Two aspects of these objects are celebrated: the artist's God-like creative 'genius' (or its less exalted ingenuity) that generate the idea, and also the 'art' that it took to complete it.

And the Chamber of Wonders bore the words: "To Virtue, Add Knowledge."

This was a collection that ran the whole spectrum of collected artistic wealth and splendor. From Langobard golden crosses of Pannonia to treasures of Byzantium; from Iznik Turkish hanging lamps to rock crystal Mughal daggers. I was stunned by one of the best art collections I have encountered, a notion I don't throw around lightly, but a phrase borne out of experience.

I actually found it hard to come up with enough superlatives for the museum, when each layer of the collection draws you deeper into a magnificent world and leaves you in front of supreme quality. The collection was a tad overwhelming but not overly so. In short, the Walters Museum makes for a grand day of delights.

Meanwhile, on a second journey I discovered just a bit further north the equally impressive Baltimore Museum of Art. Flanked by giant lion statues, the columned museum hosts a wonderful collection of art. Its motto is "Art for all," and such is truly the case as it is also free.

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I entered through a world of stunning masks and relics from Africa, the Pacific Islands and the pre-Columbian Americas. There were a host of decorative masks, objects and other charms from the four corners, before finding a marvelous collection of European decoratives such as brilliant blue-and-white china with gilded tips. And exquisite copper skeletons of clocks encased in glass. There was an engrossing and beautiful collection of pocket watches with their rounded bottoms displayed in the mirror. Such lovelies as walnut almond pocketwatches with filigree backs.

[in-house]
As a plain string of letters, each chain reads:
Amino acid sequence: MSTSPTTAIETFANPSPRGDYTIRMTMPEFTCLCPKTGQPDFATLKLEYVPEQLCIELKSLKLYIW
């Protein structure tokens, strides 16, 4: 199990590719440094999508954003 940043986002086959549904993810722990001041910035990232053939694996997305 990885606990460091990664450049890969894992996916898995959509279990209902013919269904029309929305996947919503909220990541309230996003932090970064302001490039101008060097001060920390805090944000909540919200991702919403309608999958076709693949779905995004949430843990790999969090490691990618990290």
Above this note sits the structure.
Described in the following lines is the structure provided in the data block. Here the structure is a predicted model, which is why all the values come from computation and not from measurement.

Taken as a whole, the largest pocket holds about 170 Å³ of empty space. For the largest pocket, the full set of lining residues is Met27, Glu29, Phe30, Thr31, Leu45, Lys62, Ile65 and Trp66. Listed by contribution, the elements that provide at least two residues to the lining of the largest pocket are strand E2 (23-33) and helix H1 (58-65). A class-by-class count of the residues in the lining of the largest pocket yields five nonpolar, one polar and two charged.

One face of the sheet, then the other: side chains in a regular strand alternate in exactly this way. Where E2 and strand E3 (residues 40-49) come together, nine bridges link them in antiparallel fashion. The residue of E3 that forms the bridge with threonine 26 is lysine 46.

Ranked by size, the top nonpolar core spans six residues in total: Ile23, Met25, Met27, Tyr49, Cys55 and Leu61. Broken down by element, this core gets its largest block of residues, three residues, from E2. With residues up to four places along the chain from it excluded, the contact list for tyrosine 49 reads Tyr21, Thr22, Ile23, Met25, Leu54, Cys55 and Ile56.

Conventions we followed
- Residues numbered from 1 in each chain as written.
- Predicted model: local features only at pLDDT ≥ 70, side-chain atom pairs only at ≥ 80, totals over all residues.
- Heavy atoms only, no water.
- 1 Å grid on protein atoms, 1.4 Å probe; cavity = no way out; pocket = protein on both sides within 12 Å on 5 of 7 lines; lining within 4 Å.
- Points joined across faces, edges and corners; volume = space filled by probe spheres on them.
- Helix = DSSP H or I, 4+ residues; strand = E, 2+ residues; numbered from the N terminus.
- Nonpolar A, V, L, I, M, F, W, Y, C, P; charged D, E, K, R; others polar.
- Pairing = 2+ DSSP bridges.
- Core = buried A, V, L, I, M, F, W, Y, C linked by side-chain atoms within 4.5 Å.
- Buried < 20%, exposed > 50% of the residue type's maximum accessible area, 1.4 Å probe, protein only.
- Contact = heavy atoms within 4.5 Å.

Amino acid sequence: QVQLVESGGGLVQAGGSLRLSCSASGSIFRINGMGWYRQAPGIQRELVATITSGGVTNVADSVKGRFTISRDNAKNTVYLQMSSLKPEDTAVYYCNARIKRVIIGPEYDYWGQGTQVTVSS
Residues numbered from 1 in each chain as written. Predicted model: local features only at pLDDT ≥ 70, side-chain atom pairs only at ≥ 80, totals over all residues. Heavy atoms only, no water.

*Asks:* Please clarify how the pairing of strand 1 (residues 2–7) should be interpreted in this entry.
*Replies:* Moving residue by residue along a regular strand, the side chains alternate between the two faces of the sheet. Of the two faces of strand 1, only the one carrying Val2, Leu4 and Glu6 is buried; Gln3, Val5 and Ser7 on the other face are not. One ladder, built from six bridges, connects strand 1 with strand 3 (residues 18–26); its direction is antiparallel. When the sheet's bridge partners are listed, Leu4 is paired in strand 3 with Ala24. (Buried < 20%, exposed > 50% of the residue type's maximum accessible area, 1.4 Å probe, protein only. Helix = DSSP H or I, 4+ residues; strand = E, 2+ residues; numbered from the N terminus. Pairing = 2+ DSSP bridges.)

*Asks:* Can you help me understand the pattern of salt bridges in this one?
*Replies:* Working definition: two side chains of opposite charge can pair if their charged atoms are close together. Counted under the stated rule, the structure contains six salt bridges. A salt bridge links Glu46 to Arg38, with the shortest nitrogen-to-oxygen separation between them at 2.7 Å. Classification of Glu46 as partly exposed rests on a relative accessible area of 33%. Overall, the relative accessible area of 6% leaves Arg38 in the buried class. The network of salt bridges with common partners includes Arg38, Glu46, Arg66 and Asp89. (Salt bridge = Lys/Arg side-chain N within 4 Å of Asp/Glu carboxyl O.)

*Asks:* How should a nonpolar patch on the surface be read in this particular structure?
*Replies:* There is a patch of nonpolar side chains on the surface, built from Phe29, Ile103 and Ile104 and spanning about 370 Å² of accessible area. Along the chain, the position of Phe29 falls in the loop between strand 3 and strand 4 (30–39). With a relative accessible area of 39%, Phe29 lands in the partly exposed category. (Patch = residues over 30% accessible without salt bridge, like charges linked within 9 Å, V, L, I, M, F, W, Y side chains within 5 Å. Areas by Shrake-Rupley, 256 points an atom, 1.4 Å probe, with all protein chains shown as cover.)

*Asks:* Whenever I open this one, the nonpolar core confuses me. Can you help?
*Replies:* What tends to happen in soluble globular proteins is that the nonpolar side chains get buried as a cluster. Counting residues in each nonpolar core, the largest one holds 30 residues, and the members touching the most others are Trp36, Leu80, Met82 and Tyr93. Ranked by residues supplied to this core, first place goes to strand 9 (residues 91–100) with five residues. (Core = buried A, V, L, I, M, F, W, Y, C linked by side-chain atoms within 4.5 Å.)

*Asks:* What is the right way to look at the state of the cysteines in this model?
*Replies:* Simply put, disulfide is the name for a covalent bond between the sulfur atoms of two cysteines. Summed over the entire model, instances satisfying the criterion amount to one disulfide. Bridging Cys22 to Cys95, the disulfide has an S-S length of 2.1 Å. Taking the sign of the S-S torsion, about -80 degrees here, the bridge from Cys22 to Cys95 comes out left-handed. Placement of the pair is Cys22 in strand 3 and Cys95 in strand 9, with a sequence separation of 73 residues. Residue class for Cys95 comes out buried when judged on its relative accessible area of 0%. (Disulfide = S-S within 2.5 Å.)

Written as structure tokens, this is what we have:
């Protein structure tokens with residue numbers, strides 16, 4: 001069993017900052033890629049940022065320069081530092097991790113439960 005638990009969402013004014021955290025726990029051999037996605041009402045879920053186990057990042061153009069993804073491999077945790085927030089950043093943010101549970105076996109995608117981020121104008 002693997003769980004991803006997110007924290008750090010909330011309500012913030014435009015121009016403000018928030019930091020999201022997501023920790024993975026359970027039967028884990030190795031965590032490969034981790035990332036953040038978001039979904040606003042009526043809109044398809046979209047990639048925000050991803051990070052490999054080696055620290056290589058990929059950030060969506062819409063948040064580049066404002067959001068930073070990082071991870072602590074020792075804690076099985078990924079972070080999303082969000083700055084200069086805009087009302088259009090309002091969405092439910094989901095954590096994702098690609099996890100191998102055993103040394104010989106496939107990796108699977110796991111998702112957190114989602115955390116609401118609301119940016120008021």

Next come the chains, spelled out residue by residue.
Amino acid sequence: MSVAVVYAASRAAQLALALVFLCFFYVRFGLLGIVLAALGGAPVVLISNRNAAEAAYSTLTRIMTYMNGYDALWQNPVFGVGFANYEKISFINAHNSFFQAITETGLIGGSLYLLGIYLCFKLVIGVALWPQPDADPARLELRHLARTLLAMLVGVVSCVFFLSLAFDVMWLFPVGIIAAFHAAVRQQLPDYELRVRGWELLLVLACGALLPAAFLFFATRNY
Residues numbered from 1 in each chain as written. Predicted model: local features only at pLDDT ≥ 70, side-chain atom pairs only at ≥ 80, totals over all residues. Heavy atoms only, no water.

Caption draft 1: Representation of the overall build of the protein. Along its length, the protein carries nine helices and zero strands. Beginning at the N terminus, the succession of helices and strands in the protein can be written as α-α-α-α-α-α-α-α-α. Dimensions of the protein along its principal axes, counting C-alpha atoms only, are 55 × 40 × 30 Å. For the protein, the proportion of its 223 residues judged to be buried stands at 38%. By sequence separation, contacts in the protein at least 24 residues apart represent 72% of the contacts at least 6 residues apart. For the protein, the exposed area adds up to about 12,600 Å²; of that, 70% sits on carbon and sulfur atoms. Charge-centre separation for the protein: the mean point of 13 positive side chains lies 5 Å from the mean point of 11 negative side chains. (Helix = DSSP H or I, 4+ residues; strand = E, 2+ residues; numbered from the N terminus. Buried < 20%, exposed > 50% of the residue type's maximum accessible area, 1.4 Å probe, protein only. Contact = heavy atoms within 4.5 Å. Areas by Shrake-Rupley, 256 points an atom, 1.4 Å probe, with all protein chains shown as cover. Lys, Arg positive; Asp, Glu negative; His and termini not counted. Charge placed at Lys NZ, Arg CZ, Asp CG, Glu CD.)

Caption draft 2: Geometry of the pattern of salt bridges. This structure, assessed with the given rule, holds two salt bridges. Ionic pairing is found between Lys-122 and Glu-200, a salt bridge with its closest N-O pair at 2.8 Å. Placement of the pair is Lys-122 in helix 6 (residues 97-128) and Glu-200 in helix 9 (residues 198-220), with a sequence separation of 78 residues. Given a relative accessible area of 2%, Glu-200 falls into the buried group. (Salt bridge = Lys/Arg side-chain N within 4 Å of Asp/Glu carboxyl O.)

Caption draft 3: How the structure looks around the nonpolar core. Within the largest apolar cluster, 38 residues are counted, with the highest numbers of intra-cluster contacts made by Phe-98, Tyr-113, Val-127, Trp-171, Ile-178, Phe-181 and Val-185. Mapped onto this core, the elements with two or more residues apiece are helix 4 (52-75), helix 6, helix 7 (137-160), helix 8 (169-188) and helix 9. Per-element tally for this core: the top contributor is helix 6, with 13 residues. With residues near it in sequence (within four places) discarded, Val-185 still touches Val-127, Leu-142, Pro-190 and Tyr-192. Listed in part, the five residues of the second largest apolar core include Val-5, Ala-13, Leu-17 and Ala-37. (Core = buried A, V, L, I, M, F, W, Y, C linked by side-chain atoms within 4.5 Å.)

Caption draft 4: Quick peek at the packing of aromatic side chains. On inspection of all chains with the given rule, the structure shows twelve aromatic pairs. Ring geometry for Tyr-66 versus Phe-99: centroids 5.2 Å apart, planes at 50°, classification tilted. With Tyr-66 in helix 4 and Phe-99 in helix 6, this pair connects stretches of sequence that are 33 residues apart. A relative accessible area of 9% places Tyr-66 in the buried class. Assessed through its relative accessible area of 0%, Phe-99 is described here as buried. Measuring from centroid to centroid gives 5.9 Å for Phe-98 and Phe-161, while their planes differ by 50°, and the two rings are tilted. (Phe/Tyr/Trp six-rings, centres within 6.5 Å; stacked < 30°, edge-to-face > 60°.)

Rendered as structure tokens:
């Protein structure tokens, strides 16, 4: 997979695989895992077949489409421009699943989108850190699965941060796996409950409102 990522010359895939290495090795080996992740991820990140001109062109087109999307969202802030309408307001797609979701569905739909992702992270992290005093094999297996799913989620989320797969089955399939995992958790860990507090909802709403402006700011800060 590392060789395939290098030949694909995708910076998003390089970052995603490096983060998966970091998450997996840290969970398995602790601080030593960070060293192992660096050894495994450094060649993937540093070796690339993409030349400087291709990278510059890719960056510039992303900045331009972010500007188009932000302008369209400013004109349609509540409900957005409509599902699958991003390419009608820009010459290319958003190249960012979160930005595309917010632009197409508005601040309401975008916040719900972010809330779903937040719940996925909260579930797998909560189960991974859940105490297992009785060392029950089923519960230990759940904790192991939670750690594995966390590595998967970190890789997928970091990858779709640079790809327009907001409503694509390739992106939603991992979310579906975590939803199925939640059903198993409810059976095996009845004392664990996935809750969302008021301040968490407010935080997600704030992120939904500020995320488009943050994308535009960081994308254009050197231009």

There were also some gorgeous glass molds from Lalilique, who made art noveau firefly glass from pressed molds. I especially loved a press-molded glass peacock of haughty glance. It was a joy to wander through the colonial doors and pass yellow-painted walls that hung stellar portraits while admiring silver samovars that one can imagine pouring black tea into the gold-lined china collections.

On to the second floor there were some enormous purple and gold Tiffany Byzantine mosaic columns. Also a great collection of tapestries from Central Asia.